Green Day brought their Revolution Radio tour to Tulsa’s BOK Center recently, delivering an energetic and entertaining set of their music past and present, along with a few surprises.
Following an audience sing-along to Queen’s “Bohemian Rhapsody” and the appearance of a large pink rabbit mascot, frontman Billie Joe Armstrong exploded onto the stage for the band’s opening song, “Know Your Enemy.”
Green Day was greeted by an enthusiastic audience of diverse ages and three of those audience members were actually welcomed onstage at different times throughout the evening.
For nearly 2 ½ hours, founding members Armstrong, bassist Mike Dirnt and drummer Tre’ Cool, with assistance from background vocalist and guitarists Mike Smith and Jeff Matika offered up selections from their 25-year catalog, including a healthy dose from their latest album, “Revolution Radio,” and reaching all the way back to 1992”s “Kerplunk.”
Never one to refrain from speaking his mind (“American Idiot” anyone?) Armstrong and the band offered just a smattering of political commentary, beginning with “Letterbomb” from the previously mentioned 2004 album, “American Idiot.”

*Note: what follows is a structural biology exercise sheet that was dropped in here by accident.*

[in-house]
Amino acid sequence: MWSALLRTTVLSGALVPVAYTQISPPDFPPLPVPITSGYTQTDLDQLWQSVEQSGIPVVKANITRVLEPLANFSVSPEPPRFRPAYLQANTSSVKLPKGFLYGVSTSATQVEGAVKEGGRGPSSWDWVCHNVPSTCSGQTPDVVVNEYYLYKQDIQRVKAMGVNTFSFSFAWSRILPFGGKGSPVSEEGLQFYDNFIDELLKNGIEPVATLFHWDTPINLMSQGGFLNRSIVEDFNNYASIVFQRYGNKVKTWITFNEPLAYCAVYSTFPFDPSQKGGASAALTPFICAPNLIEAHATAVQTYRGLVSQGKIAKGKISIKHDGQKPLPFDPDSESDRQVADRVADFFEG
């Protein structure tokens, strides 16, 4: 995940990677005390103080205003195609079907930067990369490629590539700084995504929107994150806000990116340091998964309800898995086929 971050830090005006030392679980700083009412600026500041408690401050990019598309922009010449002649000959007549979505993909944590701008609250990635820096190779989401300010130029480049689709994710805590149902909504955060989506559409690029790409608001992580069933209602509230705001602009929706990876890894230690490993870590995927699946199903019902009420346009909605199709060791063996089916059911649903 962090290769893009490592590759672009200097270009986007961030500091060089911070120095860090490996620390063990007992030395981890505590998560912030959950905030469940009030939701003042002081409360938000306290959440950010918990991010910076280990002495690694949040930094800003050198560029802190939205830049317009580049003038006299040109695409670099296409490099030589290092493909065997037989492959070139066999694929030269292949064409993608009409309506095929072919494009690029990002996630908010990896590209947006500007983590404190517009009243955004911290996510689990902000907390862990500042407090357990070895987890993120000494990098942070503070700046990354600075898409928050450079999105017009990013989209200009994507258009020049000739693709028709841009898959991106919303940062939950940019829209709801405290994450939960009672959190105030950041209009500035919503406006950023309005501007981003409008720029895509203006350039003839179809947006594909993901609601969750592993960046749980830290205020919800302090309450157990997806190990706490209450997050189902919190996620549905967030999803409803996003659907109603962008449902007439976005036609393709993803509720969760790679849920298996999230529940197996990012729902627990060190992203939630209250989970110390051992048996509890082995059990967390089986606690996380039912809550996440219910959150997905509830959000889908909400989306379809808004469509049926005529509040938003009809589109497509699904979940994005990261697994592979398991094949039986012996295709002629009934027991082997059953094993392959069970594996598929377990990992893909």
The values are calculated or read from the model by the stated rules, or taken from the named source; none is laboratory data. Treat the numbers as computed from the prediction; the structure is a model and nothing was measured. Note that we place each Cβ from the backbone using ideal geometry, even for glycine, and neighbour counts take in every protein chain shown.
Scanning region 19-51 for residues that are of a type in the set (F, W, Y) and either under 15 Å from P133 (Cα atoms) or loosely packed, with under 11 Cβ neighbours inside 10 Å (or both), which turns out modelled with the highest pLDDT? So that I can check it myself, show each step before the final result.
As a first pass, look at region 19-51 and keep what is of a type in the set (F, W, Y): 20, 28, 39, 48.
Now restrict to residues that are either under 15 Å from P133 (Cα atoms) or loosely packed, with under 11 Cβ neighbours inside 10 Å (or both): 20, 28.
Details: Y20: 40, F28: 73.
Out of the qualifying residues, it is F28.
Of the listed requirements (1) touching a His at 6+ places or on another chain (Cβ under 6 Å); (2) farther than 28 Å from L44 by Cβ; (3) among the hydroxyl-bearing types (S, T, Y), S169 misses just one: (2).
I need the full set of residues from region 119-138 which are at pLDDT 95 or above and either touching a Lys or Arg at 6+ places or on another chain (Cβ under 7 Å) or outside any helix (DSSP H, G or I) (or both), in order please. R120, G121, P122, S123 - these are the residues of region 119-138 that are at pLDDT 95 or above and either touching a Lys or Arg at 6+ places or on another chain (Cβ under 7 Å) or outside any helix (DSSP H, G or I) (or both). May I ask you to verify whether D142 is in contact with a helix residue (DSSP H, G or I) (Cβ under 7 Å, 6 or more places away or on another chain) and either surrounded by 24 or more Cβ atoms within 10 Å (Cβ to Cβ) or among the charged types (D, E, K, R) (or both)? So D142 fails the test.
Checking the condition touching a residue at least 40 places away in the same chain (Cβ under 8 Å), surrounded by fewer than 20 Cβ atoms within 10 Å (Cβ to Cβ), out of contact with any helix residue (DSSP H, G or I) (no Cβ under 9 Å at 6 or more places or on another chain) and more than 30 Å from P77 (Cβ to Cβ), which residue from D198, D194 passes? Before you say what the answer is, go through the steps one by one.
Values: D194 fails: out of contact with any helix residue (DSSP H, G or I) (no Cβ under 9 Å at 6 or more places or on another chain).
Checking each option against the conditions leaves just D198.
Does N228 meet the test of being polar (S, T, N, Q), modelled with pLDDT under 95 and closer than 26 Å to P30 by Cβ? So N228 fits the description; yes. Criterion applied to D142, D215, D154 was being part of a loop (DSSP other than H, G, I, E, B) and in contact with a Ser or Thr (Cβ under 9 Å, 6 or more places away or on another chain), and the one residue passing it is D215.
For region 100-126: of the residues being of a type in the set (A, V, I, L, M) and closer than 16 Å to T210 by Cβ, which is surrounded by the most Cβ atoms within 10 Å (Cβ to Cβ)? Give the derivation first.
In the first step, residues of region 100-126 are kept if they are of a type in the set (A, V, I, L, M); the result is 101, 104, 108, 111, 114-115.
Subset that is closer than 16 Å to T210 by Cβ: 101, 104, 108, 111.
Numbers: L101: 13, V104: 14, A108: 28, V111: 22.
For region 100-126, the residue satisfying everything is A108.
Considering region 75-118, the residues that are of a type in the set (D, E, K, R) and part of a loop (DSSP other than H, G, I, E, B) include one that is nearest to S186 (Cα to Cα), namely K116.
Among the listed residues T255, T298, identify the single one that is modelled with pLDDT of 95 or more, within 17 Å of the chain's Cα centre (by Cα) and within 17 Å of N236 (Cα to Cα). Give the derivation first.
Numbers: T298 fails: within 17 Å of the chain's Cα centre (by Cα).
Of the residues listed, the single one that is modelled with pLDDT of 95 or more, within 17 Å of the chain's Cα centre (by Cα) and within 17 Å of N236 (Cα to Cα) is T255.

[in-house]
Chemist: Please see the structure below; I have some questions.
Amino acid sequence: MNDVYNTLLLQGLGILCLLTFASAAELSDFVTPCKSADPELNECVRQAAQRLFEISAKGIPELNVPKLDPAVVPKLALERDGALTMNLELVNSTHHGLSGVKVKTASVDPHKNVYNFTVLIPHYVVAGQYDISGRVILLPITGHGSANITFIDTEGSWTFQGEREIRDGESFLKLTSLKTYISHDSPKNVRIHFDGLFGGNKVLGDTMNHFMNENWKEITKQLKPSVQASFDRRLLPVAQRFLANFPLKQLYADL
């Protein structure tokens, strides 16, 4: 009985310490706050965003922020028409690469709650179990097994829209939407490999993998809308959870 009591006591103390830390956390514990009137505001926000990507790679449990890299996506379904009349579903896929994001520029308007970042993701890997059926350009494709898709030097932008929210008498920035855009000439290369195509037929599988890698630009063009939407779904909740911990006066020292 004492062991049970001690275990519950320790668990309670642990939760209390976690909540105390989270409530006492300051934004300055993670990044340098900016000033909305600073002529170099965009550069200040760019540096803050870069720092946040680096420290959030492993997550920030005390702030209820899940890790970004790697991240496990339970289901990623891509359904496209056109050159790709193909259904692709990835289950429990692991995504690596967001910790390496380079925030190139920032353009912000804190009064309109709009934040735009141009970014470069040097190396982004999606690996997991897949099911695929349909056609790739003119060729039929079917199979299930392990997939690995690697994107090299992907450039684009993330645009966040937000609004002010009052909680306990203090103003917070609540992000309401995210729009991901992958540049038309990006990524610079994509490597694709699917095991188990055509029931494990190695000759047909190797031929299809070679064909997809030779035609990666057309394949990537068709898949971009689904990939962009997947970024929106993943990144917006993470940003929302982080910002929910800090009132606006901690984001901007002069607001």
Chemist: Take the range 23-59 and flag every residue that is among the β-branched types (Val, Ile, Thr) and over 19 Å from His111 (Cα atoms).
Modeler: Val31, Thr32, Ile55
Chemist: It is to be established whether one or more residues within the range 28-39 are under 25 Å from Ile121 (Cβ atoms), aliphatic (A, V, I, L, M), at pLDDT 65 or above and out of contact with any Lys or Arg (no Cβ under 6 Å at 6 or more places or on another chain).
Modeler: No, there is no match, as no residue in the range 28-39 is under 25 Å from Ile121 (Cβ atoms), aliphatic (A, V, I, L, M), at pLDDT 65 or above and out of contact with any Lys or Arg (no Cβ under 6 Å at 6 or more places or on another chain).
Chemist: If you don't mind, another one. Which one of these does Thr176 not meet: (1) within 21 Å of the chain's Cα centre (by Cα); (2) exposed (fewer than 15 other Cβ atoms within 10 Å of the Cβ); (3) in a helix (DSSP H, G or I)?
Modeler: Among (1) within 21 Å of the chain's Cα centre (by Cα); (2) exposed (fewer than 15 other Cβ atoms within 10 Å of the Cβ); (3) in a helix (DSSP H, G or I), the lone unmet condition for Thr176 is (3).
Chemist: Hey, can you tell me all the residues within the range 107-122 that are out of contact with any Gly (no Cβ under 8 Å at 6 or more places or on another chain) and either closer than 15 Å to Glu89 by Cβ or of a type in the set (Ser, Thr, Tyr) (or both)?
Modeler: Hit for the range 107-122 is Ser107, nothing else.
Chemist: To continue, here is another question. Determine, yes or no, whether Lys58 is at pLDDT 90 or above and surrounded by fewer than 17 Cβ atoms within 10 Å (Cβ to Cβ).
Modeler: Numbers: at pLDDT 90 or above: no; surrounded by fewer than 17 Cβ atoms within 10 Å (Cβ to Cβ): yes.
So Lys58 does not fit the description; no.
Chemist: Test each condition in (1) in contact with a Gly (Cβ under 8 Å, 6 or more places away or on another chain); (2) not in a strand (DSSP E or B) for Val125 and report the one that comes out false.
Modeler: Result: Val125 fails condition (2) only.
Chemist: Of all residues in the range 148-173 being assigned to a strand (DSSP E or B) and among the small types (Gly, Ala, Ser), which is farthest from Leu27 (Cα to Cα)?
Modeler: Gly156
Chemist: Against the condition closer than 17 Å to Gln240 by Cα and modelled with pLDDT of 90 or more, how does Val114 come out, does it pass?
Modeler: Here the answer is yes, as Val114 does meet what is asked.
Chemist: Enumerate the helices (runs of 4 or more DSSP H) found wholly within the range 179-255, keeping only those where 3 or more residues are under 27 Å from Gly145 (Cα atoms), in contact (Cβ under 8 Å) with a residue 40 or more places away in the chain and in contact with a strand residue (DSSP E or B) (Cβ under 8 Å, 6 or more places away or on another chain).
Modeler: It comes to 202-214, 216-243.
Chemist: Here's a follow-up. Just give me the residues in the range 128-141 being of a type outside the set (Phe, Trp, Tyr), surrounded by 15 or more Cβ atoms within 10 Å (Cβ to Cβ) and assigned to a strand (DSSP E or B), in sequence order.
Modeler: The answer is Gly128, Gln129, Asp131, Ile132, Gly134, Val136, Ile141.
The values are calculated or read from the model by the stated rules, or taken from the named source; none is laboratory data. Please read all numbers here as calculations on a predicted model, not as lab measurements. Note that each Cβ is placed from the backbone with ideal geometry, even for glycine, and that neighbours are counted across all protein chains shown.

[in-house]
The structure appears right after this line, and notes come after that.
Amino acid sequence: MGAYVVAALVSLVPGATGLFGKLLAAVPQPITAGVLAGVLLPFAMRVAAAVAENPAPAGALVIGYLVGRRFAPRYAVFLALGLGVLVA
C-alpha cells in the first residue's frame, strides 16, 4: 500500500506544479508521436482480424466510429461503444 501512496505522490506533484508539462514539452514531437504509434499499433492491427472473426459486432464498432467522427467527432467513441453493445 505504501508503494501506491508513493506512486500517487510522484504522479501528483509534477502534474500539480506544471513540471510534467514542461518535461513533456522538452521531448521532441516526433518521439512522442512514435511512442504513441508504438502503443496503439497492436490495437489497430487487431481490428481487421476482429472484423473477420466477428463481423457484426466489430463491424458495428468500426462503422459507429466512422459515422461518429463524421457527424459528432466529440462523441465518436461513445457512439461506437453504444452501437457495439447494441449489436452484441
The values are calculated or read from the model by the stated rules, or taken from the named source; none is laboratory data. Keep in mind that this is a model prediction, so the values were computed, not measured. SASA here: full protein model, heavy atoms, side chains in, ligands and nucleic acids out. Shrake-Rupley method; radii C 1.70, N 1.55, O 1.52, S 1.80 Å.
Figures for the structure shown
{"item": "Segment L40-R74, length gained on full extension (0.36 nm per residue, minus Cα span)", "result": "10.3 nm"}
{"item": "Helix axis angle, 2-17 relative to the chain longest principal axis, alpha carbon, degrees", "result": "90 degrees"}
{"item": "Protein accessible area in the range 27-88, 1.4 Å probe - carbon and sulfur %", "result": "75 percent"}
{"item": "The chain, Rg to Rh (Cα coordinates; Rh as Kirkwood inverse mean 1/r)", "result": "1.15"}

Armstrong told the crowd, “Tonight, we’re going to leave some of the negatives behind. We need to sing together,” to which the audience complied. Seeing fans standing near the front of the stage in the general admission pit area holding up cell phones, Armstrong asked, “are you looking at me through your camera lens? If you’re looking at me through your lens, then you’re not really looking at me.”
Now 45 years old, Armstrong still attacks the stage with youthful exuberance as he runs, leaps on top of speakers and jumps up and down along with those in attendance.
The Tulsa show was a homecoming of sorts for Armstrong. His mom is a native of nearby Sperry. As he acknowledged his mother seated in the crowd he mentioned they had spent the day trying to locate her first house he’d never seen, as well as paying a visit to “The Outsiders” house and he thanked Mom for buying his first guitar when he was 10 years old.
At times Green Day’s performance resembled an outdoor summer party, featuring pyrotechnics and Armstrong spraying the pit crowd with water provided through hoses.
After asking those gathered closest to the stage if anyone knew how to play the guitar. A woman named Janine answered the call and played Armstrong’s guitar on a cover of “Knowledge” by Operation Ivy. For her efforts she was told to keep the guitar, much to her delight.
After a raucous and intense “Jesus of Suburbia,” the second encore and the concert itself, came to a close with Armstrong alone with an acoustic guitar performing “Ordinary World” from Revolution Radio and “Good Riddance (Time of Your Life.)”
As the crowd poured out of the arena, I’m certain they had the time of their life.
Photos and story by Greg Duke, Tulsa Today.